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This blog entry contains spoilers.

Like many of Hong Sang-soo’s films, Nobody’s Daughter Haewon (2013) has a loose, inconsequential narrative that’s unified by the director’s taste for doubling. In the opening sequence, the title character (Jeong Eun-chae) falls asleep while waiting for her mother (Kim Ja-ok) at a restaurant, and has a dream where she meets Jane Birkin (playing herself), who tells Haewon that she resembles her daughter. Similarly, over the course of the movie, Haewon is wooed by two older men who could be regarded as competing father figures: Seonjun (Lee Seon-gyun), a morose film school professor who vaguely resembles Serge Gainsbourg, and Jungwon (Kim Eui-sung), a jolly screenwriter who lives in the US. Writing about Hong’s In Another Country (2012), which I haven’t seen, David Bordwell argues that the director’s patterning of motifs engages the viewer in a kind of lighthearted game, but that’s no substitute for a gripping narrative.

An obsessive minimalist who returns to the same themes in film after film, Hong often gives us two versions of a particular scene, thereby testing the viewer’s ability to recall the differences. Early in the movie, Haewon goes for a stroll with her mother, who points out a young man she finds handsome (Ryu Deok-hwan). But while neither of them sees the man throw his cigarette on the ground, Hong underscores this action by zooming in on the butt. A little later, the two women are browsing outside a bookshop when they run into the man again. He tells Haewon that she can pay whatever she likes for the book she’s looking at, but she declines as it would reveal too much about herself. Later on, after breaking up with Seonjun, Haewon is walking in the same area alone when she notices a cigarette on the ground, suggesting that the handsome man will make another appearance. So it comes as a surprise when Jungwon emerges from inside the bookshop instead. He makes Haewon the same offer as his doppelgänger, but when she declines again for the same reason, he counters that she just needs to pay enough not to reveal herself. But while this sort of patterning is amusing for its own sake, I can’t say that I cared very deeply about any of the characters.

On the other hand, Mani Haghighi’s Modest Reception (2012) also has a somewhat loose narrative that’s unified by its patterning of motifs, but the story it tells is vastly more absorbing. In the opening sequence, a pair of wealthy Tehranis, Kaveh (Haghighi) and Leyla (Taraneh Alidoosti), gain access to a remote mountainous region on the Afghan border by literally throwing bags of cash at a soldier (Saeed Changizian) guarding a checkpoint, introducing a motif that’s repeated and varied throughout the movie as Kaveh and Leyla attempt to trick various people into accepting large charitable donations without them realizing it. We don’t see the events leading up to their journey, and as the characters tell a different story to everyone they meet, it’s only at the end of the film that we learn why they risk their lives entering a war zone to give money to a bunch of strangers. Watching the movie, I not only wanted to know what was going to happen next, but was trying to figure out what led up to this point based on certain clues dropped throughout the movie.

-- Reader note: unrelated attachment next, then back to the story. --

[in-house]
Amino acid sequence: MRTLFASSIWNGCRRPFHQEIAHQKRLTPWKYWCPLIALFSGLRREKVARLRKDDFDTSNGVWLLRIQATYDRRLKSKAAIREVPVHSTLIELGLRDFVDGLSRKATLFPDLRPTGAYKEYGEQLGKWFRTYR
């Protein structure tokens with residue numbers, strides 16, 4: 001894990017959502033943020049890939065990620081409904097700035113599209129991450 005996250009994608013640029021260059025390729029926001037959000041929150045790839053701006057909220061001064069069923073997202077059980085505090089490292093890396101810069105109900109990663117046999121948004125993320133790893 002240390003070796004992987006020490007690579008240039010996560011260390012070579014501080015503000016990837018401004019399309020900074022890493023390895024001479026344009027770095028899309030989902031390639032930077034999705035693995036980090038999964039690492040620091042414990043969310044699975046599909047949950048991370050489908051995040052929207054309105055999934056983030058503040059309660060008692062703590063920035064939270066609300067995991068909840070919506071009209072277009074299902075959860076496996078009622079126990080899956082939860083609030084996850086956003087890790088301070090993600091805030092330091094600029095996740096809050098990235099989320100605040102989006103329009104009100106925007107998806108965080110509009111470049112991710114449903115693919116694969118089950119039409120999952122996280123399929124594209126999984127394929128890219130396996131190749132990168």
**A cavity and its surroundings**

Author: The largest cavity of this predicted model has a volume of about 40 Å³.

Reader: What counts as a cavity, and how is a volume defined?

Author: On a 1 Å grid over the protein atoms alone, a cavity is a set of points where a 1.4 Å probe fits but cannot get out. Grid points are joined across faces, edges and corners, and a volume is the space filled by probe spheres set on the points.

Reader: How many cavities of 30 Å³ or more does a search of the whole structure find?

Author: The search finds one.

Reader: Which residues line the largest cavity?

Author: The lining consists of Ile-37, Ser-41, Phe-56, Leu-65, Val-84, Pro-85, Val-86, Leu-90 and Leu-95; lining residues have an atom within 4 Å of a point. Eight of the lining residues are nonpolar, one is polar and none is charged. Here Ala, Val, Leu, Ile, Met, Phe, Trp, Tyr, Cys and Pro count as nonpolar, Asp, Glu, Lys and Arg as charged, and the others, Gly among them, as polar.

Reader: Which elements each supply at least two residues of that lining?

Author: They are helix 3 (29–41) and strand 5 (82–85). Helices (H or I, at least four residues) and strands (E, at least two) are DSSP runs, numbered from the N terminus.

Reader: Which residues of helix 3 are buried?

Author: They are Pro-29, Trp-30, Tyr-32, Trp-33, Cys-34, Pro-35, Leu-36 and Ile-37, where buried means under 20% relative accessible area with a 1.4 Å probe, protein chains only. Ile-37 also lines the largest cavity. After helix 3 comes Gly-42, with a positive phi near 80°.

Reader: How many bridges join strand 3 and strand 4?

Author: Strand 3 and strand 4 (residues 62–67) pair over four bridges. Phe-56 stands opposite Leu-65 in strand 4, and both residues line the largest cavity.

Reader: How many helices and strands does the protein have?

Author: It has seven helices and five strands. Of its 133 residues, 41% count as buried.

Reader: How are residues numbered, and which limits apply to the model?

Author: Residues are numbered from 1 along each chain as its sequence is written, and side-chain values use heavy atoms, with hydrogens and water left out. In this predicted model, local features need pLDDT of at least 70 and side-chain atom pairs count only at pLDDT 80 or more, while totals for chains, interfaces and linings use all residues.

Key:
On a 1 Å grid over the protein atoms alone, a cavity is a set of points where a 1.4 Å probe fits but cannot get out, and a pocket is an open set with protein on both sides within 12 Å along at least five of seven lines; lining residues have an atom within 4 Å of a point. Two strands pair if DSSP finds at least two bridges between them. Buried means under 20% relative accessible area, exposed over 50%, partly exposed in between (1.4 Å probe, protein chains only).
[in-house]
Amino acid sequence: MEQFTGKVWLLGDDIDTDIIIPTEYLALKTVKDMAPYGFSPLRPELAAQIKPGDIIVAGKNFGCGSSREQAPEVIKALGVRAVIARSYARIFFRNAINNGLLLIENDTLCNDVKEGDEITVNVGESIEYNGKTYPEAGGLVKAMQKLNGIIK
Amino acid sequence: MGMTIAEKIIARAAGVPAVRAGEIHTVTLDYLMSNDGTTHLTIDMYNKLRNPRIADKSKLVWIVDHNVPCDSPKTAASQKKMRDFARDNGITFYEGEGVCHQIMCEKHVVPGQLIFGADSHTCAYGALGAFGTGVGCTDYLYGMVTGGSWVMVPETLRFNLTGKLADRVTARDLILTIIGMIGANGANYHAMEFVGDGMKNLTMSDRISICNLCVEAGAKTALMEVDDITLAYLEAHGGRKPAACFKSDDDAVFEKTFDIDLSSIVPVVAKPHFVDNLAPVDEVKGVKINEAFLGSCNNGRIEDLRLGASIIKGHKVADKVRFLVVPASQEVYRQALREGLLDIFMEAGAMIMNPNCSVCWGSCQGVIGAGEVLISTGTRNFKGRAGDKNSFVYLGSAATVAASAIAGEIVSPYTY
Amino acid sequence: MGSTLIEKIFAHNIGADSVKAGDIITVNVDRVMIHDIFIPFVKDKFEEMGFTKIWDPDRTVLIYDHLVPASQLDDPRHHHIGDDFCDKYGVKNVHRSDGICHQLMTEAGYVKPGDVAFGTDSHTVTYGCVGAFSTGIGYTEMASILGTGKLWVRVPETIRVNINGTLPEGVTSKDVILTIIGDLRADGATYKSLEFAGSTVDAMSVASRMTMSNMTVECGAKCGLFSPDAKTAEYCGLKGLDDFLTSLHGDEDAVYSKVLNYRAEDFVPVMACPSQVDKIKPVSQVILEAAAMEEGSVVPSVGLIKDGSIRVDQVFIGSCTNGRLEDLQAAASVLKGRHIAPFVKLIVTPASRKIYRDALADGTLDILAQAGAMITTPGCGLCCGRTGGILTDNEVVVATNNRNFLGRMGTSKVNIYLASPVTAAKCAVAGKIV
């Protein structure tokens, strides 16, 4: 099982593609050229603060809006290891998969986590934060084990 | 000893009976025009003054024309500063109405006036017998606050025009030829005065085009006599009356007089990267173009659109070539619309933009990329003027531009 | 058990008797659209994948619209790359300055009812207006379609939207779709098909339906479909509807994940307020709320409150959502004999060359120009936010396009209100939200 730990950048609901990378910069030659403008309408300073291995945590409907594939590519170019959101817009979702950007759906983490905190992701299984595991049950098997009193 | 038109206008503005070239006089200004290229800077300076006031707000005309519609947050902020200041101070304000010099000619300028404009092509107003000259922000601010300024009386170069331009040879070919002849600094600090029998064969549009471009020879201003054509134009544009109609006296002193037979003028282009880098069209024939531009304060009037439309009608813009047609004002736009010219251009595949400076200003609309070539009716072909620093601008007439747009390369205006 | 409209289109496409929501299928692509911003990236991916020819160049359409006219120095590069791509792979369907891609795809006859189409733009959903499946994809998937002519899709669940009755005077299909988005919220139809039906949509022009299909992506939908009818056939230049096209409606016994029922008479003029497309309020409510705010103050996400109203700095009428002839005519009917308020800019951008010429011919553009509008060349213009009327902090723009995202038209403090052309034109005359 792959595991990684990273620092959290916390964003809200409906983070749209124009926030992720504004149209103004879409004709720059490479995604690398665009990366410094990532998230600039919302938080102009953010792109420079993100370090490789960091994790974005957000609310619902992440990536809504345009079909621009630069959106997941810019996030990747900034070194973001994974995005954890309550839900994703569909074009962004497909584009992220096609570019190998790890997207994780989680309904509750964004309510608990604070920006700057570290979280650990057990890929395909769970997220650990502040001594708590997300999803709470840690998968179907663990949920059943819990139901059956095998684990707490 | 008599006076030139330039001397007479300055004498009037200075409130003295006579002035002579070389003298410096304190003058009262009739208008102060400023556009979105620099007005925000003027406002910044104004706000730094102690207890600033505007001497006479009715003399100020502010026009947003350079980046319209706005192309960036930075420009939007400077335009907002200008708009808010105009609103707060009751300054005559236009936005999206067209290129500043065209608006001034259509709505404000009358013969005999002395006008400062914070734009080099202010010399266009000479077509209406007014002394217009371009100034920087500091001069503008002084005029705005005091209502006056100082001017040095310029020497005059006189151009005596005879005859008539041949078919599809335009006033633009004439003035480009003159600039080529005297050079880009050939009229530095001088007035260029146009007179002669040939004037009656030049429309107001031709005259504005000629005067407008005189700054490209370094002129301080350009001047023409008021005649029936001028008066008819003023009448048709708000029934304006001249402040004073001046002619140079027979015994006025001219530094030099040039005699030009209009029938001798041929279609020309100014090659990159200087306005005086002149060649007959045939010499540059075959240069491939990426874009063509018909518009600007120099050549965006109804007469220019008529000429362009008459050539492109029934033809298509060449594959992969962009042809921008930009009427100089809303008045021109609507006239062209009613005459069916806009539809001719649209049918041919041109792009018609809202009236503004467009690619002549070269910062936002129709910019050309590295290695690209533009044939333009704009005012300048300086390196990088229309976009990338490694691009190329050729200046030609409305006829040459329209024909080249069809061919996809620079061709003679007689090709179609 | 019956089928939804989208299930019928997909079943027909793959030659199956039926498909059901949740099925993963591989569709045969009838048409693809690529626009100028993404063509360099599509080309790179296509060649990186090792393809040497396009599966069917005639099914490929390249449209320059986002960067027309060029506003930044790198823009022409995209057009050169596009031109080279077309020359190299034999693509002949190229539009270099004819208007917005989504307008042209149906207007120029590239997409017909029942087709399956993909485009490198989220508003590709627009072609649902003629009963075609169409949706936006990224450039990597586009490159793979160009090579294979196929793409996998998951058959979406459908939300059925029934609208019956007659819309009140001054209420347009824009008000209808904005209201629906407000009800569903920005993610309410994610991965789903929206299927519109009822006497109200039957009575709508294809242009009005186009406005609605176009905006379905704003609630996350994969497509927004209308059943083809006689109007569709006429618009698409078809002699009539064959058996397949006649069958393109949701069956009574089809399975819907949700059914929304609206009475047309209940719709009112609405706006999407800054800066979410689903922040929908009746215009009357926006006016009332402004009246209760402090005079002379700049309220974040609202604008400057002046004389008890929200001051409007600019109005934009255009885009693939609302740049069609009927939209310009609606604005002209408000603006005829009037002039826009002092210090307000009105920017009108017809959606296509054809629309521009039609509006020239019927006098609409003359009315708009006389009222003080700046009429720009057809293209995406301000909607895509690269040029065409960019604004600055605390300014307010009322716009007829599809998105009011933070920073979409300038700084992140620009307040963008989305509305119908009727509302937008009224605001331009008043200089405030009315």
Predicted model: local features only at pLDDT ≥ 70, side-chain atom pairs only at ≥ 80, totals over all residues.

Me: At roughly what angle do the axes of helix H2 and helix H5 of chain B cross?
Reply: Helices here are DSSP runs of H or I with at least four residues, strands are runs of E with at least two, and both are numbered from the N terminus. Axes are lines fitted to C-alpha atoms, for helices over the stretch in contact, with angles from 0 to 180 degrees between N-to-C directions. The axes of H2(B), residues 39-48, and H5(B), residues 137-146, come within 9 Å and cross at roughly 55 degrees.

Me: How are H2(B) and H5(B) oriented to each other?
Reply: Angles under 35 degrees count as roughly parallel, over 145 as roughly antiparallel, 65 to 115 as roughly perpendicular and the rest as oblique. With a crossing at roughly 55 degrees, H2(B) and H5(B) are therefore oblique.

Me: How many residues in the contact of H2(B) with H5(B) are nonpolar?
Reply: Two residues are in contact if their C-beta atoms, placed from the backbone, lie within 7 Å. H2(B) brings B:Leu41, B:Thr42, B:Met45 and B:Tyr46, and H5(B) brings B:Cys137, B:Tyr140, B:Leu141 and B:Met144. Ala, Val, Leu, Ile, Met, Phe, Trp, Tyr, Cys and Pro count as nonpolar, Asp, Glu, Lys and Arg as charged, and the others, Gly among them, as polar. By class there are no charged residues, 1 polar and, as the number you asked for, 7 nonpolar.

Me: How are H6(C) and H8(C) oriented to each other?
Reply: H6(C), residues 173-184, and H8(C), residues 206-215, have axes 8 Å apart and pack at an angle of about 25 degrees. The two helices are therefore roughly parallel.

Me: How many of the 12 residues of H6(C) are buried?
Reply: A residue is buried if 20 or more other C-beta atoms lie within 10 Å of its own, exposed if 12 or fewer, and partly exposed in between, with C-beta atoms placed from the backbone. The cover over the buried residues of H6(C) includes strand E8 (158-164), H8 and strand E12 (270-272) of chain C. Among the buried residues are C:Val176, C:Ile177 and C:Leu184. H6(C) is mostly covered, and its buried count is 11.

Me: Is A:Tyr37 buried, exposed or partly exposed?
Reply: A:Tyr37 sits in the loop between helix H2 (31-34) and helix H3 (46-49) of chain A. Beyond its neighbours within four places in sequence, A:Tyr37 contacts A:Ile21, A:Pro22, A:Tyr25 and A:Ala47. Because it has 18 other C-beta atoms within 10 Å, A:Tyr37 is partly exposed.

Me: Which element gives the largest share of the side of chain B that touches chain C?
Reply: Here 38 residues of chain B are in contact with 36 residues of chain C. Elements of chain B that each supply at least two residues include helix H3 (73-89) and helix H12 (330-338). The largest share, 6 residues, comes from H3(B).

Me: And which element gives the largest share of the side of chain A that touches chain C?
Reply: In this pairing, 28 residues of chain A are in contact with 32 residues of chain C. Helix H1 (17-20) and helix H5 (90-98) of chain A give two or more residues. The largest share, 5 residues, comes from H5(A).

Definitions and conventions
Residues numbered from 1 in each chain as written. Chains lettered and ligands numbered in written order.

Late in the film, Kaveh and Leyla come across a man (Ghorban Nadjafi) in the process of digging a grave for his infant daughter, which is extremely difficult as the ground is frozen solid. Kaveh cruelly offers to pay the man for his daughter’s corpse so that he can feed it to the wolves, and though the man holds out for a while, he eventually gives in when Kaveh starts burning wads of bills — money that the man needs for his other children. Leyla is so disgusted by Kaveh’s behavior that she leaves him there, but after she and the man are gone, Kaveh tries to finish digging the grave himself, which is nearly impossible as he has a broken arm. (By this time, the sun has set and wolves can be heard howling in the distance.) Earlier, Kaveh had told the man that he knew what it was like to lose a child, and the zeal with which he attempts to dig the grave suggests that he may have been telling the truth, though we can’t be sure. Likewise, shortly after leaving Kaveh, Leyla pulls over to vomit by the side of the road, hinting that she might be pregnant without making it explicit. In other words, what makes the film so compelling is the manner in which it reveals story information so as to generate mystery and suspense.

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If I were making a list of the best newish films that I saw in 2011, I’d have to include a bunch of movies that I’ve already written about on this blog—notably, Hiromasa Yonebayashi’s Arrietty the Borrower (2010), Yorgos Lanthimos’ Dogtooth (2009), Lars von Trier’s Melancholia (2011), Pablo Larraín’s Post Mortem (2010), and Sofia Coppola’s Somewhere (2010). However, since I have nothing more to say about these films, instead of repeating myself, what I’d rather do is turn my attention to a number of films that I greatly admire but haven’t been able to write about (either because I’ve been too busy with other things, or was too intimidated by them, or both). I don’t claim that all of my picks are masterpieces, but I like them all enough to look forward to seeing them again.